From ancient times to the modern, India has been a treasure-trove of knowledge for travelers from all over the world. Taxila, Nalanda and Vikramsila universities were renowned centers of learning that attracted students from China, Korea, Tibet, Nepal, Burma (Myanmar) and Ceylon (now Sri Lanka). Higher education is something that has always occupied a centre stage in Indian culture since time immemorial.

The present higher education system in India goes back to 1823 when Mountstuart Elphinstone came up with minutes on education that emphasized the need to set up schools that would teach English and European Sciences to Indian students. The phenomenal thrust, however, came after the much talked about Macaulay’s minutes (1835) and Sir Charles Wood’s Dispatch (also known as the “Magna Carta of English Education in India”) in the year 1854 recommended a proper hierarchy in the educational system, right from primary classes to higher education in the universities. Consequently, the universities of Bombay (now Mumbai), Calcutta (now Kolkata) and Madras (now Chennai) were set up in 1857.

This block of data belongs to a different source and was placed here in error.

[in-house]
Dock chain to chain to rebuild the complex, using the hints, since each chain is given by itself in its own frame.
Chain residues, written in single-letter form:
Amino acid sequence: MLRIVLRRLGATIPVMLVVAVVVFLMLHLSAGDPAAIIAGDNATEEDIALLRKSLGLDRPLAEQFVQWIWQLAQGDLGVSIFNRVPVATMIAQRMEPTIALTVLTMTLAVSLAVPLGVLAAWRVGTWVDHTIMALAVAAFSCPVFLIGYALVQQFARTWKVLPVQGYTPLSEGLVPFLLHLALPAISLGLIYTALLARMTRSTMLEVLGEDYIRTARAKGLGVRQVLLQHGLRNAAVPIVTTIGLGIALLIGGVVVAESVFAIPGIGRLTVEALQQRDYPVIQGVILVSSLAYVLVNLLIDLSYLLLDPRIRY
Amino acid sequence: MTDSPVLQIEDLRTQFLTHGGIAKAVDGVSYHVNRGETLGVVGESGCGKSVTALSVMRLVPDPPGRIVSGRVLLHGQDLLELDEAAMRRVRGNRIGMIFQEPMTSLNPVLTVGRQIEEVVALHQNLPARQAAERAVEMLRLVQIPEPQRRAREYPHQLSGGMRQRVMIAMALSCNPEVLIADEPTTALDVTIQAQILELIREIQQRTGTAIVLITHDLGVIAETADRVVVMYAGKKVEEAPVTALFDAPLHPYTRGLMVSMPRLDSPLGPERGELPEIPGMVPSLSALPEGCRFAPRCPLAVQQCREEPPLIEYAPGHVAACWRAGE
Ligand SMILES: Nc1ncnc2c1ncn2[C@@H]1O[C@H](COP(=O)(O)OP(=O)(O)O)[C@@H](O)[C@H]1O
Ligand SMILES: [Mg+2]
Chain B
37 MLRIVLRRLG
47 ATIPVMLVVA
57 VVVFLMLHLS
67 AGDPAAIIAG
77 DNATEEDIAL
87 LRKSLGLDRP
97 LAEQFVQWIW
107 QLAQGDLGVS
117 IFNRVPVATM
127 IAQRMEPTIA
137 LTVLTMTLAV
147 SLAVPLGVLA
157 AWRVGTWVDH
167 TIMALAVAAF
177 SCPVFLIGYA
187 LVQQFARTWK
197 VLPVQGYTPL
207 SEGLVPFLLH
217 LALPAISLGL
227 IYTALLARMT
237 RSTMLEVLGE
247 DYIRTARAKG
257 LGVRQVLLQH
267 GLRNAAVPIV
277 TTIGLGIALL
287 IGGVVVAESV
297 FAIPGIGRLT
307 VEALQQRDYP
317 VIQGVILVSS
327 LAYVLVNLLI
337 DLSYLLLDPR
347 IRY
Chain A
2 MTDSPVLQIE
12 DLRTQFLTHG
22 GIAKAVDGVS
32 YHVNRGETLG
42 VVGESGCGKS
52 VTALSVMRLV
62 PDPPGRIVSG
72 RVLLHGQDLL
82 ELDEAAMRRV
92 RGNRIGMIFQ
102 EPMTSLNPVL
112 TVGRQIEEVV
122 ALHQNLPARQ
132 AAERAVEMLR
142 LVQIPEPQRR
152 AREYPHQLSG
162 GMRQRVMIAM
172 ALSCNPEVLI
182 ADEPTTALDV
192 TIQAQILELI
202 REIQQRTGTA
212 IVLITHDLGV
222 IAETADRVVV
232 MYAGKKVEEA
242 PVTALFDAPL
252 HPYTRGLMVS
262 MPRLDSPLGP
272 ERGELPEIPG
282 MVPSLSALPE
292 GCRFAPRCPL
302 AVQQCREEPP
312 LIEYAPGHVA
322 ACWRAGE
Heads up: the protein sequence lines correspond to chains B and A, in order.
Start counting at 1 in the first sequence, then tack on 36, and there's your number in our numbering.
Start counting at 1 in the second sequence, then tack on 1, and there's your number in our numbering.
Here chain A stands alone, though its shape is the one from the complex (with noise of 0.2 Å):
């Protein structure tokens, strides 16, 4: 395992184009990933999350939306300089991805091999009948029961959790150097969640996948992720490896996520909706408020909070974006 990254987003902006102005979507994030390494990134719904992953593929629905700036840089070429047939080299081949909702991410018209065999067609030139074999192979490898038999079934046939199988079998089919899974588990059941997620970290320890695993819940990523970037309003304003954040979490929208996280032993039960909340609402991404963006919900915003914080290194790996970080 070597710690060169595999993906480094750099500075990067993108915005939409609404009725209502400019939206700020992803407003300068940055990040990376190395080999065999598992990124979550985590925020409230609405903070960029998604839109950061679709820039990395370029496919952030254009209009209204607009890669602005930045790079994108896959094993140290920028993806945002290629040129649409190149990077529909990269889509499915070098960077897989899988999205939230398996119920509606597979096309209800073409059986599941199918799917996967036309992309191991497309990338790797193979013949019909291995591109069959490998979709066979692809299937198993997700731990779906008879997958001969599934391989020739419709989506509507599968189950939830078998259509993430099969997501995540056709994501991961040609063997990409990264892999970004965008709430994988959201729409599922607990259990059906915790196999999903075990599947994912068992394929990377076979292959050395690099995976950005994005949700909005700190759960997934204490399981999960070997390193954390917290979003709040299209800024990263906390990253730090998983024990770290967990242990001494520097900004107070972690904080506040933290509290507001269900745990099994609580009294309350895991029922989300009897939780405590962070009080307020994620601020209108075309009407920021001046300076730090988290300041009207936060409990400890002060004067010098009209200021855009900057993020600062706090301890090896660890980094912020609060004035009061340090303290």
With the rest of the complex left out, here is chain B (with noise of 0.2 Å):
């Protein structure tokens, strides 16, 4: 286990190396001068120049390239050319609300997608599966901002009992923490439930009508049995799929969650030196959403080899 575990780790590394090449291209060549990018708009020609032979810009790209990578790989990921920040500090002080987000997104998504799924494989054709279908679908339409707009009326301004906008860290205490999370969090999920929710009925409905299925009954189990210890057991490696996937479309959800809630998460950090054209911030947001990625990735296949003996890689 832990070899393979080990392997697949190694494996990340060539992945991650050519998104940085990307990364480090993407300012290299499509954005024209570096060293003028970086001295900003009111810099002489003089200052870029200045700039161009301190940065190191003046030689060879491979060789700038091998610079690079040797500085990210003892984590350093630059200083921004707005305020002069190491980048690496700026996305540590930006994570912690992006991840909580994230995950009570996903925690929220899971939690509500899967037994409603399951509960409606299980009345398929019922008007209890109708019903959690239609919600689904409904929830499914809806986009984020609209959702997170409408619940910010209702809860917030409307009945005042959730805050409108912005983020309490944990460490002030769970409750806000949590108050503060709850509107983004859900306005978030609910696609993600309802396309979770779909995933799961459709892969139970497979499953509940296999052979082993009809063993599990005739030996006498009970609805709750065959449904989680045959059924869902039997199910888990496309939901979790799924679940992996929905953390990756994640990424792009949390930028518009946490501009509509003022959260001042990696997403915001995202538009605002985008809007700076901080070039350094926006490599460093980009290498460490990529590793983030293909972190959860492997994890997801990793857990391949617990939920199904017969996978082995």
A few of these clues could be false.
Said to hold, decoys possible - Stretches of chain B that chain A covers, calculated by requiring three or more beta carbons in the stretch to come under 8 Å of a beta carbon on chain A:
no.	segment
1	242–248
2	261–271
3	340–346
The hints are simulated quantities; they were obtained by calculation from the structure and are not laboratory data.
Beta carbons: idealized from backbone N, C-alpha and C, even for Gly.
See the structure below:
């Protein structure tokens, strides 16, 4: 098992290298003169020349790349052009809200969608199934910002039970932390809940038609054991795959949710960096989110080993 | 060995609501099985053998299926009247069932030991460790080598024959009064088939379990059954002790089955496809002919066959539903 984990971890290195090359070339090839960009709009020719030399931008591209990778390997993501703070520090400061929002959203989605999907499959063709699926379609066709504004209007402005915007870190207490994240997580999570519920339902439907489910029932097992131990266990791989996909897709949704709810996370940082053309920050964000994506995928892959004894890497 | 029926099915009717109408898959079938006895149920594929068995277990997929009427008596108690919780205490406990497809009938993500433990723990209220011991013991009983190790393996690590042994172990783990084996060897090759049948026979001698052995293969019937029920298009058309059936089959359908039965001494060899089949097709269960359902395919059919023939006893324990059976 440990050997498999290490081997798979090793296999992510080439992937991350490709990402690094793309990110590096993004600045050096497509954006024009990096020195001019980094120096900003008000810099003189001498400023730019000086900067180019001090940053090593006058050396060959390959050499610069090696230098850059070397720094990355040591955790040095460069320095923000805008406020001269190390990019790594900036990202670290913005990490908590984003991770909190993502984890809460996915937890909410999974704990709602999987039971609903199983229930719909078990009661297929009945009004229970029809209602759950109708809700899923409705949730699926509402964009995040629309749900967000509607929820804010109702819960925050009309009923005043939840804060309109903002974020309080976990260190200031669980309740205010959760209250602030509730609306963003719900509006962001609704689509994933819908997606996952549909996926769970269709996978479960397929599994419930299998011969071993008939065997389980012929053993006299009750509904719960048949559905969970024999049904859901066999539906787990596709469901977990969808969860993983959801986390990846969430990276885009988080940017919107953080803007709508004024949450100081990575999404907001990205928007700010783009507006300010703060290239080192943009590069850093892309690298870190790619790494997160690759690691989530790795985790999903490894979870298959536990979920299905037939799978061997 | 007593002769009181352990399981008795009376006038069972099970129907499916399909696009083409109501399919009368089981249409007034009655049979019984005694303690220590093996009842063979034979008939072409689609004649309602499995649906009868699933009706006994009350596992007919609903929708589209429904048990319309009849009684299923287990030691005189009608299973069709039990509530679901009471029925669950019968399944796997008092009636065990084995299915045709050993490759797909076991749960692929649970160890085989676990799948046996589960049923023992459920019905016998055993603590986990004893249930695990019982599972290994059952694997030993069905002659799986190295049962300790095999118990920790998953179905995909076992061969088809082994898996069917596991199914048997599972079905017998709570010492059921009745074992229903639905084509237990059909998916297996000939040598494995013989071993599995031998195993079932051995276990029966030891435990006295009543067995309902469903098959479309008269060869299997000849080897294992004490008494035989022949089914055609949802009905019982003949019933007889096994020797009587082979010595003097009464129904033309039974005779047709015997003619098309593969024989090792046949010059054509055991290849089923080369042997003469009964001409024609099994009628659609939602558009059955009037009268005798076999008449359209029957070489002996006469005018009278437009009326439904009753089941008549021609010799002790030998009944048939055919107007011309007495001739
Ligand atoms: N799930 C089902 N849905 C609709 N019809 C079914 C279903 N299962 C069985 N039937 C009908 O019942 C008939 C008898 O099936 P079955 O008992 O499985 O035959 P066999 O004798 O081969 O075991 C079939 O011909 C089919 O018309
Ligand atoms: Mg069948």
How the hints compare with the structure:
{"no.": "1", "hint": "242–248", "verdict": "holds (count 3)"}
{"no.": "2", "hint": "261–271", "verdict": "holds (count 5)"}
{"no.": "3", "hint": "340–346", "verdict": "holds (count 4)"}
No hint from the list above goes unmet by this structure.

In the year 1925, the Inter-University Board (Association of Indian universities) came into being with an aim to further educational, cultural and extra-curricular activities in the various universities across the country. However, the first attempt at establishing a nation-wide uniform system of higher education in India came with the Sargeant Report of 1944. The report recommended the formation of a University Grants Committee that would supervise the functions of three central universities – the Universities of Delhi, Banaras and Aligarh. Subsequently, in the year 1947, the committee was assigned the responsibility to look after all the Indian universities existing at that time.

The University Education Commission (which was established in 1948) recommended the formation of a University Grants Commission to be formulated on the lines of a similar body existing in the UK higher education system. Consequently, the commission was officially inaugurated on December 28, 1953 by Maulana Abul Kalam Azad, the then Minister of Education, Natural Resources and Scientific Research.

Over the years, the UGC established itself as a statutory body of the Indian government that takes care of the coordination and maintenance of norms of higher education in the country.

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